Dino de Laurentiis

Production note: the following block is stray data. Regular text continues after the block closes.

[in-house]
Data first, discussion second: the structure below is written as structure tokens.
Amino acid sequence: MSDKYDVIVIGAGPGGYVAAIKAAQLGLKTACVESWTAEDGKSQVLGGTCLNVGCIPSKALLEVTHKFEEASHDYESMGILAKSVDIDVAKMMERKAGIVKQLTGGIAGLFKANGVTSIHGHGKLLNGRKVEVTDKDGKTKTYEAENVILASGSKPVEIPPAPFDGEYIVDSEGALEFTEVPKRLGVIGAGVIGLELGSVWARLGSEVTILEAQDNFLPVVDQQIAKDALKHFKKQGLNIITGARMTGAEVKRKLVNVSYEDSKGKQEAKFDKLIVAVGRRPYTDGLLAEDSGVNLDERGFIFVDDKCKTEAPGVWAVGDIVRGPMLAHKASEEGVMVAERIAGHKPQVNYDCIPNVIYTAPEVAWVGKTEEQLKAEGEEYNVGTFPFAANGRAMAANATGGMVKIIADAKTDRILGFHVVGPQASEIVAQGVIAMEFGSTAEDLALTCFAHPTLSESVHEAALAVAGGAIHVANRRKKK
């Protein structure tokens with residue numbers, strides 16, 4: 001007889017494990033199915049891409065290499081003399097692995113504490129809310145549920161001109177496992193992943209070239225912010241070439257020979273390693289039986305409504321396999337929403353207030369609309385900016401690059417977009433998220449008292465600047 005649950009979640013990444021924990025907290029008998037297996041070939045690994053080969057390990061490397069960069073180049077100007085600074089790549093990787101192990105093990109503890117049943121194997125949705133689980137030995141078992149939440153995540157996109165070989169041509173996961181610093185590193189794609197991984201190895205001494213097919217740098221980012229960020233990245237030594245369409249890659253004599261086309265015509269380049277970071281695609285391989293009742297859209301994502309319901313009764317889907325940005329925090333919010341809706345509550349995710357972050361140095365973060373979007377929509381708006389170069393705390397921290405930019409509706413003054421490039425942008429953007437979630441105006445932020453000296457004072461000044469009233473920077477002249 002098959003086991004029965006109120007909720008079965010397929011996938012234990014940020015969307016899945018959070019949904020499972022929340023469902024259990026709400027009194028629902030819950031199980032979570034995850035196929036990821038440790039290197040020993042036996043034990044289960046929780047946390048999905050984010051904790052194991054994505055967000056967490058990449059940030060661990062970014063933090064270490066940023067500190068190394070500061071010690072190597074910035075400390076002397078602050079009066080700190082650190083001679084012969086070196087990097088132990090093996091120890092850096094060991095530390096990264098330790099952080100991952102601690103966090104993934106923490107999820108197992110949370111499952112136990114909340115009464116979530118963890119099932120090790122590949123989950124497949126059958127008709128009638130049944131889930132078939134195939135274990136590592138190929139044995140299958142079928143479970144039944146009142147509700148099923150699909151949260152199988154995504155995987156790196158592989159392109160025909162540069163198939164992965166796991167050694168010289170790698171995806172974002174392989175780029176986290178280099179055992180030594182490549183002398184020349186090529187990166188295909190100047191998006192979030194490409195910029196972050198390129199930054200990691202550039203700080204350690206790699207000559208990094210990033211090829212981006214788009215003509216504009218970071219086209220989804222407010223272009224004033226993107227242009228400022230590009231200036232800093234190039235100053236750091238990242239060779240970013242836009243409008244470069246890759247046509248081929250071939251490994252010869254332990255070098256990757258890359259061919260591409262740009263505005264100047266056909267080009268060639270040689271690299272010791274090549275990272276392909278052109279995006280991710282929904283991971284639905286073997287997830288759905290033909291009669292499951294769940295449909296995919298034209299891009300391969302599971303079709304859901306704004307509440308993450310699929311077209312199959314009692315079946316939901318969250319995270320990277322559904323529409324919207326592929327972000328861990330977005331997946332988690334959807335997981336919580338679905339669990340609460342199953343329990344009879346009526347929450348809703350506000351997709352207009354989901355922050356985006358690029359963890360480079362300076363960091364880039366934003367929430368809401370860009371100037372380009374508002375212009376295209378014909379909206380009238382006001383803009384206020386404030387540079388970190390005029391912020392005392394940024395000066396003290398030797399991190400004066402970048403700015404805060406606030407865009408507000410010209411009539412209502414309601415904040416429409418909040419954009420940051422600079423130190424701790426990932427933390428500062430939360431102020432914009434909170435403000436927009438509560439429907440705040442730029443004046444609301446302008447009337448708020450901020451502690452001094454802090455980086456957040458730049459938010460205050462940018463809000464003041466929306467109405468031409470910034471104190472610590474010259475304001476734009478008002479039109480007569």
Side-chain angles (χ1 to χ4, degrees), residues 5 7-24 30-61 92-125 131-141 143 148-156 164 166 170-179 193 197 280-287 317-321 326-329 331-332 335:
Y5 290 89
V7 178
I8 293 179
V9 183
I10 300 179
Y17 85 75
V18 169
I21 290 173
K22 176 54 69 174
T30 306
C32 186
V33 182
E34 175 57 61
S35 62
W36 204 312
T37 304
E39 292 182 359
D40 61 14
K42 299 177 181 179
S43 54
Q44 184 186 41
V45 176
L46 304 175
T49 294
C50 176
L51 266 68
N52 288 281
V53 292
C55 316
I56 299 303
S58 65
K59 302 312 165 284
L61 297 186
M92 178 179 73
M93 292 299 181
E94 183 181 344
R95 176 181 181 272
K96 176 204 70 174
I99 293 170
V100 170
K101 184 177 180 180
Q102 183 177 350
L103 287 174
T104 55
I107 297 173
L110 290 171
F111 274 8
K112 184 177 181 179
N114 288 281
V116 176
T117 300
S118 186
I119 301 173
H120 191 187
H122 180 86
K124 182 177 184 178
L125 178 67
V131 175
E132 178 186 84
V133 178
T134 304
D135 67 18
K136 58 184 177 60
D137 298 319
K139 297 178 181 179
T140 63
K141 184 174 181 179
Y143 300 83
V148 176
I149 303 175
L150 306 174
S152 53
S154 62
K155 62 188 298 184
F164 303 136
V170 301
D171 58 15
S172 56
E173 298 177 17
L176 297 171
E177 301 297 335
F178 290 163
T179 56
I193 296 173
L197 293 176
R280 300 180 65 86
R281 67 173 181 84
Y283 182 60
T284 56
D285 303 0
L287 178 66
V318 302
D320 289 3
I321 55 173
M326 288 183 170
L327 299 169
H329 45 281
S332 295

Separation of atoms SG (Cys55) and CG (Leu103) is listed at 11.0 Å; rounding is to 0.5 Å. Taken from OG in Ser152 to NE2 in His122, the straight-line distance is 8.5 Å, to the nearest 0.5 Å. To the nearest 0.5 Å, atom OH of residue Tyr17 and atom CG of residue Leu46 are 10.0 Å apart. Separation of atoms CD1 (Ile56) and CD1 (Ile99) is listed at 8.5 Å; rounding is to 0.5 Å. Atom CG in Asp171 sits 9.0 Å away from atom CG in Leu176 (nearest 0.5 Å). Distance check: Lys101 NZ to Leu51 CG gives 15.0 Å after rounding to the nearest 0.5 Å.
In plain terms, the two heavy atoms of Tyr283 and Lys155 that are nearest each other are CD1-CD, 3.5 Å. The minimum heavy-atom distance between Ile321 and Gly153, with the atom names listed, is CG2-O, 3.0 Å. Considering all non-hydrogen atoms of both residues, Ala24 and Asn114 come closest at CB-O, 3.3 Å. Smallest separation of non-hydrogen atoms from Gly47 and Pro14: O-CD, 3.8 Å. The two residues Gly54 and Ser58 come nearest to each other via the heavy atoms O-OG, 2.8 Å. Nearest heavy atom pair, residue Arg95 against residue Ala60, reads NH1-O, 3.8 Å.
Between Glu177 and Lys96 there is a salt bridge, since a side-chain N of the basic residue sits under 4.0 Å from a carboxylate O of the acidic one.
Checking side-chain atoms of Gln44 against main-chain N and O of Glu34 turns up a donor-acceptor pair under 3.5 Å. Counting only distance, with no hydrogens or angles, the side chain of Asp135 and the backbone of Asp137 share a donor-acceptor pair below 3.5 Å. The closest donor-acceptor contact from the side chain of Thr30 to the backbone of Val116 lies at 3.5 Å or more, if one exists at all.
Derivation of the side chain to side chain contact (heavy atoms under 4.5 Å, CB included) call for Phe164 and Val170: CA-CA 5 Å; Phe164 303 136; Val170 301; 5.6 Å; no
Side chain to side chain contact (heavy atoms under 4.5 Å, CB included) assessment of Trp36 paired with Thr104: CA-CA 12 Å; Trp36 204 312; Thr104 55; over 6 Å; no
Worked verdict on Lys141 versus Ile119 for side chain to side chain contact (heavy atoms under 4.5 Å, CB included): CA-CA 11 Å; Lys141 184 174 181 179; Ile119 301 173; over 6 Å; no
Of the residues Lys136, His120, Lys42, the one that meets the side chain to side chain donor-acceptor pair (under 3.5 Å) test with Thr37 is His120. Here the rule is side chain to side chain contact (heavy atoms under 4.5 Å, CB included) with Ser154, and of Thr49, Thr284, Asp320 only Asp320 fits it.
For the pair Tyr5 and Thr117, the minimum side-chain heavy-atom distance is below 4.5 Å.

A colorful and flamboyant Hollywood player for decades, producer Dino De Laurentiis spent what seemed like eons producing a remarkable mix of motion pictures, ranging from art house fare like Fellini's "La Strada" (1954) to camp classics like "Barbarella" (1968) to overblown spectacles like "King Kong" (1976) and "Tai Pan" (1986), as well as popular entertainment like "Hannibal" (2001). Ever since he began his producing career with the international hit "Riso Amaro" ("Bitter Rice") (1948), De Laurentiis financed, produced or distributed hundreds of movies, including some of the most significant ever made in cinema history, like "Serpico" (1973), "Death Wish" (1974) and "Conan the Barbarian" (1982). With great success often comes great failure, and De Laurentiis was no stranger to the latter. Over the years, he went through several production companies, some of which crumbled under the weight of expensive box office failures, most notably the dismal adaptation of Frank Herbert's "Dune" (1984). Toward the end of the 20th century, De Laurentiis - who had missed out on the massive success of "Silence of the Lambs (1991) after declining the rights following the failure of "Manhunter" (1986) - had a bit of redemption with the box office hit, "Hannibal" (2001), which spawned another successful sequel, "Red Dragon" (2002), and cemented his place as one of cinema's most prolific producers.